2. another one I was the only one and one romainan dude that did not understand a personal check was not going to do.. I got it for minimum bid.. But it had an underlying zone that allowed 24 units to the acre.. made 150k on the flip in 45 days.. that was a good one.. but non the less very nerve racking when the regulars were not there to bid.

My most courageous moment was starting my blog and therefore broadcasting what I did to the whole world. As I post my articles on my Facebook and address what I do pretty publicly. 

While getting started was "scary" for me the scariness was letting people know what we were doing, i.e. public opinion was scariest. While our close friends, squadron mates and some locals new what we did from watching the number of listing I had on local websites and Facebook pages. For the most part we operated under the cloak of "silence". Most family didn't know what we did and for me that was comfortable. So opening my self up in the real life was/has been the hardest!

It has so far been the most rewarding. Since I have opened up I have made more connections and really started to network. While I have already had a tenant "throw it in my face" there has been more good than bad. Althoguh the experiment is only 2 months old. So check back with me in a couple of years!

Originally posted by @Jonathan Cope :

I recently wrote a blog post about the start of our real estate investing. 

Recalling how scared I was when we began made me wonder about stories of courage. 

I think we were most courageous when we started. 

Knowing the math was only sort of right and that we were only sort of prepared. 

What was your most courageous moment as a real estate investor?

Thank you in advance,

Jonathan

My most courageous moment was back in 2007 when I was contacted by a seller desperate to offload her house in Virginia. I had no money and no-so-great credit. The only solution I had to offer her was me lease-optioning her home for the sole purpose of finding the end-buyer. 

When I spoke to her, there was a lump in my throat and I crossed up some of my words. Waiting for her reply (after my extra long explanation of the process) seemed to have taken an eternity. When she agreed to the terms, I wasn't excited... I panicked because I had no experience on how to go about sealing the deal. The only closing statement I had was a meet up date that I presented in the form of a question. How weak.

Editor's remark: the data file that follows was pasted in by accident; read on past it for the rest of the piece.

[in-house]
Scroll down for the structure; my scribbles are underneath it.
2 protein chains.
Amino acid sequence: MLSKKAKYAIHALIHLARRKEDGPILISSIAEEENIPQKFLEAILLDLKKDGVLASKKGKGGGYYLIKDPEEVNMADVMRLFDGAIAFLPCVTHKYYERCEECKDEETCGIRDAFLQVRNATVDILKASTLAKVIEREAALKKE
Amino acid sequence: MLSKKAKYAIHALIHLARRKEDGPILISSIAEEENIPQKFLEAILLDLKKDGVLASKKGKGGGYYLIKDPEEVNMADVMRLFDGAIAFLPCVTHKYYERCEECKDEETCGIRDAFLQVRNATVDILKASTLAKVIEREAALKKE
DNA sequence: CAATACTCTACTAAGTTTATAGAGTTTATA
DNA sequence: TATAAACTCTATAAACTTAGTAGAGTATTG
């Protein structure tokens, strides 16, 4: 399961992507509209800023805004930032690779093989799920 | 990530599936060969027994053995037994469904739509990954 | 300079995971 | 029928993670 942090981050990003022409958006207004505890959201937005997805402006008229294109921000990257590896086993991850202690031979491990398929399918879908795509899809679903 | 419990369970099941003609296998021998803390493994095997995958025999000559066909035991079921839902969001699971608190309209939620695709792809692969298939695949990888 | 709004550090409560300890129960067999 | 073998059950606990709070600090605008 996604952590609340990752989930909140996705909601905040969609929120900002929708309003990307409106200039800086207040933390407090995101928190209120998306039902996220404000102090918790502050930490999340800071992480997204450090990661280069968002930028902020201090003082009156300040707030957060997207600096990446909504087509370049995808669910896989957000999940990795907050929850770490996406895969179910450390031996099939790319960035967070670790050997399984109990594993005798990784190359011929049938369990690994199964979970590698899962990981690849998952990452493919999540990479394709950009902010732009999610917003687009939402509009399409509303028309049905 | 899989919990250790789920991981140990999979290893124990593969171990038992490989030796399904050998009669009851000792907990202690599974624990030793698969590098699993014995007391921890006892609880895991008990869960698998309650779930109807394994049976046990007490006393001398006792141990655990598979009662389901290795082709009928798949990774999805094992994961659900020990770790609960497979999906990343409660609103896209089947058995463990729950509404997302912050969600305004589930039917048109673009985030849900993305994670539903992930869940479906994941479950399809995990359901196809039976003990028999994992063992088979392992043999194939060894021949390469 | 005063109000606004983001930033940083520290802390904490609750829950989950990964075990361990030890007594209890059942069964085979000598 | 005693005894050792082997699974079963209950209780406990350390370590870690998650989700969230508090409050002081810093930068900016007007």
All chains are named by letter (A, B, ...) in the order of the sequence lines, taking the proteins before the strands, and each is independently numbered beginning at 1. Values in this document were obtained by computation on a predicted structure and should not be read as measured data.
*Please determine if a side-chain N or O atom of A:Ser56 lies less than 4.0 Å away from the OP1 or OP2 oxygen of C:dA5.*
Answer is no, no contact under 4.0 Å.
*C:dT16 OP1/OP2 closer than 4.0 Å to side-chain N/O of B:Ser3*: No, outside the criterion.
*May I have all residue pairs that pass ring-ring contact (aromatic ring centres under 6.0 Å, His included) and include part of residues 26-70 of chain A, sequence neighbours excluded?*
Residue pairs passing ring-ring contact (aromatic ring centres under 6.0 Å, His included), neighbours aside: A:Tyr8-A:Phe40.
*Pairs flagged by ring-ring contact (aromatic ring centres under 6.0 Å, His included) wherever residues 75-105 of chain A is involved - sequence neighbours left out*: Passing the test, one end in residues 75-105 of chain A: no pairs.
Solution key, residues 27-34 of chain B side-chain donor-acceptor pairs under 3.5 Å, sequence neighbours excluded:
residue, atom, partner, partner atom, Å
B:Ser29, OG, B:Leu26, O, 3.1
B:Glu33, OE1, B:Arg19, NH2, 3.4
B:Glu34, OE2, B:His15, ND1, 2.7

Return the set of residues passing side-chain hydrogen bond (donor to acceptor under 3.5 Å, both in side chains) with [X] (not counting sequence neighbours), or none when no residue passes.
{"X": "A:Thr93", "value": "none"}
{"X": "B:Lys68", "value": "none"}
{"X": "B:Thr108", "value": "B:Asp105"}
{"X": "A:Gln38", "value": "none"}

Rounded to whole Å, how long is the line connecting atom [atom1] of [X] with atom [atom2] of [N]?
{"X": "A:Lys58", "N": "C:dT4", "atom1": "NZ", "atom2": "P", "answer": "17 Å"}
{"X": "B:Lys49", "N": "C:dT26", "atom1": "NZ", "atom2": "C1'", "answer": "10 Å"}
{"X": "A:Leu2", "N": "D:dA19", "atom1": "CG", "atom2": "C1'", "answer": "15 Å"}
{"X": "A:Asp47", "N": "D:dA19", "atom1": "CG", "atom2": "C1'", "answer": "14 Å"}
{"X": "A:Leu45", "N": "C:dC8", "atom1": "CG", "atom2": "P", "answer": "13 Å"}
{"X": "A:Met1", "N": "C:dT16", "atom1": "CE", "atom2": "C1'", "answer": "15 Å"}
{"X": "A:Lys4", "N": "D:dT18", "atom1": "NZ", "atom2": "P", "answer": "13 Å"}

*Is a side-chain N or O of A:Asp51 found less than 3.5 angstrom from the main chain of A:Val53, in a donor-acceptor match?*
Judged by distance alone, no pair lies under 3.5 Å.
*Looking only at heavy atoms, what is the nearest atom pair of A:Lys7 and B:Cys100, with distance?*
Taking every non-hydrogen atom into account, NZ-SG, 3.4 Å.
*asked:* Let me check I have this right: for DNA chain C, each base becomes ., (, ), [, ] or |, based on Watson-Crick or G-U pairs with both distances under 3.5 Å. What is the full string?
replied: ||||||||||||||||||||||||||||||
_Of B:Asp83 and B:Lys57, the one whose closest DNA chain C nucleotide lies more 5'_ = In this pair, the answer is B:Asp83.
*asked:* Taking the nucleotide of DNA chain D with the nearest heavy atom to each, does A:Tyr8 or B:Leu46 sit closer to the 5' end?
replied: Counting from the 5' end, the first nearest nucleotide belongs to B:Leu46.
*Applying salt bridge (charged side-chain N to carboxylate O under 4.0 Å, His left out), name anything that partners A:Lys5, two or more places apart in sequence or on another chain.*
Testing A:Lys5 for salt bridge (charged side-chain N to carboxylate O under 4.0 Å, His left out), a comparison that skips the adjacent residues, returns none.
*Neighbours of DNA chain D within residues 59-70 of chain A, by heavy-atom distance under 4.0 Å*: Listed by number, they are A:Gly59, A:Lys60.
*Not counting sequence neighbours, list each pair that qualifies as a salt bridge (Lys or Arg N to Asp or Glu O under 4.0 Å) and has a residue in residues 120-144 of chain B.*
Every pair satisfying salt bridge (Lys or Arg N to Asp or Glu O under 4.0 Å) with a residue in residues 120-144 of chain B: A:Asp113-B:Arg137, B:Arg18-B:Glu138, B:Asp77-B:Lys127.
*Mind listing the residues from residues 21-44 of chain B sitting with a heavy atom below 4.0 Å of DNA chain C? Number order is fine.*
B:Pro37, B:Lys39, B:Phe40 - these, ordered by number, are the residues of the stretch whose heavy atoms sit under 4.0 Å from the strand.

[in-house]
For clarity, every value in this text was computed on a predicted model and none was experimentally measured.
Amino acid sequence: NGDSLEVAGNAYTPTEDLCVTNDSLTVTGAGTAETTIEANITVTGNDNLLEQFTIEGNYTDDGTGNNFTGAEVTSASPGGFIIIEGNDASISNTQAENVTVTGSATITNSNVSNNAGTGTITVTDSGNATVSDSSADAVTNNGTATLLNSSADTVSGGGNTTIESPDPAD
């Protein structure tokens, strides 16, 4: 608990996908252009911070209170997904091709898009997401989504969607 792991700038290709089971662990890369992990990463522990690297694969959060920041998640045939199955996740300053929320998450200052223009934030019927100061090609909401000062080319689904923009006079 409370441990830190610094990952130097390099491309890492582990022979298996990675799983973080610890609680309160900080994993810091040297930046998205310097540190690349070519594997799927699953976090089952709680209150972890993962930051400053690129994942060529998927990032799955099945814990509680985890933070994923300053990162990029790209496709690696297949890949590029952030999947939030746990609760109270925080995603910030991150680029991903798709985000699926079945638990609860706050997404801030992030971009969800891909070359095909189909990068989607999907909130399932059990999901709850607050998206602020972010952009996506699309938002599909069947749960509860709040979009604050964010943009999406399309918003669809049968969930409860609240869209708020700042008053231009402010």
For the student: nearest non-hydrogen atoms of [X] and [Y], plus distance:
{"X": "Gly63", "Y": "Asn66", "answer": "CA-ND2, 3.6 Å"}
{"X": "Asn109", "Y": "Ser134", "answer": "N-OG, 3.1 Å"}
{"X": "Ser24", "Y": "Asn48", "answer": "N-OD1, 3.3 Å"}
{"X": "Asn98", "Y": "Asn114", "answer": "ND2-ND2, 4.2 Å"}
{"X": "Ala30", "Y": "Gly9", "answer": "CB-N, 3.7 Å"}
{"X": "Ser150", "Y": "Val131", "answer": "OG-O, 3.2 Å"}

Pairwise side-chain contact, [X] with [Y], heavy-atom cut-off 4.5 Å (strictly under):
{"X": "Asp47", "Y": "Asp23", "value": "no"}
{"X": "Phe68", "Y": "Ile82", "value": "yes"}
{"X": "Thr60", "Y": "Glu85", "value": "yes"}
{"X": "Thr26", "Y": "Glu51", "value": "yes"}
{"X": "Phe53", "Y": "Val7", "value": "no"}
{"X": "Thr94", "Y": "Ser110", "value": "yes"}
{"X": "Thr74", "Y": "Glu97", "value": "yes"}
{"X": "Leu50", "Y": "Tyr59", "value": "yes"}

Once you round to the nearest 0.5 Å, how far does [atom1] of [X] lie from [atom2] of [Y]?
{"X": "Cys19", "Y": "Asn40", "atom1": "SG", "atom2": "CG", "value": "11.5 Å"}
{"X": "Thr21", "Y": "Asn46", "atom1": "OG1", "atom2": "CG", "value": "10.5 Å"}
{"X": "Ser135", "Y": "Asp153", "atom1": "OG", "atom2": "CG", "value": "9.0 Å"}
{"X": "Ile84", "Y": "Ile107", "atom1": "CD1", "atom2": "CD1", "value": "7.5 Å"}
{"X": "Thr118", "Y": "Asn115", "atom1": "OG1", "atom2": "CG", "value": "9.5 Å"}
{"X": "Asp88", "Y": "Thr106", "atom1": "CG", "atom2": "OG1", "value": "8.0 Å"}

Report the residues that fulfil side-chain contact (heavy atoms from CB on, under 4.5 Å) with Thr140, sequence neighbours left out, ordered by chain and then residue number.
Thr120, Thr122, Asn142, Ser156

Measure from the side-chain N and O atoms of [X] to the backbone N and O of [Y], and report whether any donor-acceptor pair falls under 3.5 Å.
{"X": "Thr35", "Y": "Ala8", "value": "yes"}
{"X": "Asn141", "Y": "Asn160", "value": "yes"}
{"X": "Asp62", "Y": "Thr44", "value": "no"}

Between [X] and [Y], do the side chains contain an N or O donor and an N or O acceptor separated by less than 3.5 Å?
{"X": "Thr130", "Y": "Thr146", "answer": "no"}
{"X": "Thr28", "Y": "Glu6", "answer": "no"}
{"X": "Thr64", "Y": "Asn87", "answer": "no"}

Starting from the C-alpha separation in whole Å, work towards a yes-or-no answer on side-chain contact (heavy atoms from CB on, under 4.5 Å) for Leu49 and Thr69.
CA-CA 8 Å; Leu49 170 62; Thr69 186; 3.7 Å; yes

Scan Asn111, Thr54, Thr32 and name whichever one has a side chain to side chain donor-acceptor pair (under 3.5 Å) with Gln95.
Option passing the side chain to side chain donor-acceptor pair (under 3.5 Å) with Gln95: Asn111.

I spent nearly half the night before meet-up day combing over the contracts I had pre-prepared. When I finally met her, I felt like she was sizing me up like, "this is the guy I was speaking with?" 

In the end, she was a very willing and graceful owner and we did great business together until the last tenants decided to raise pitch forks on us because they could not qualify for a loan and wanted their earnest money back.

I grew some chest hair during that experience.  

@Rocky V.  

Putting one's money where their mouth is always the scariest test. 

There are times I am still surprised that I assume these risks. 

But I take strength from the preparation, education and past success. 

Nonetheless, I found myself unsettled just yesterday when I was considering a new neighborhood. 

Good luck. 

Thank you for sharing,

Jonathan

@Joe Villeneuve  

I am with you. 

Some of my greatest fortune is how seriously and supportively my wife takes the real estate investing business. 

Yet another thing to be thankful for this season. 

@Jay Hinrichs  

That is great perspective. Thank you. 

1) must have been an annoying lesson to learn. 

2) sounds like the good version of karma paying back. 

Your stories remind me of Gretzky's great quote, 'you miss 100 percent of the shots you don't take.'

You have to be more courageous than him of course. 

The shots he took rarely hit back at him. 

Thank you for sharing,

Jonathan

@Elizabeth Colegrove 

Going public is quite courageous.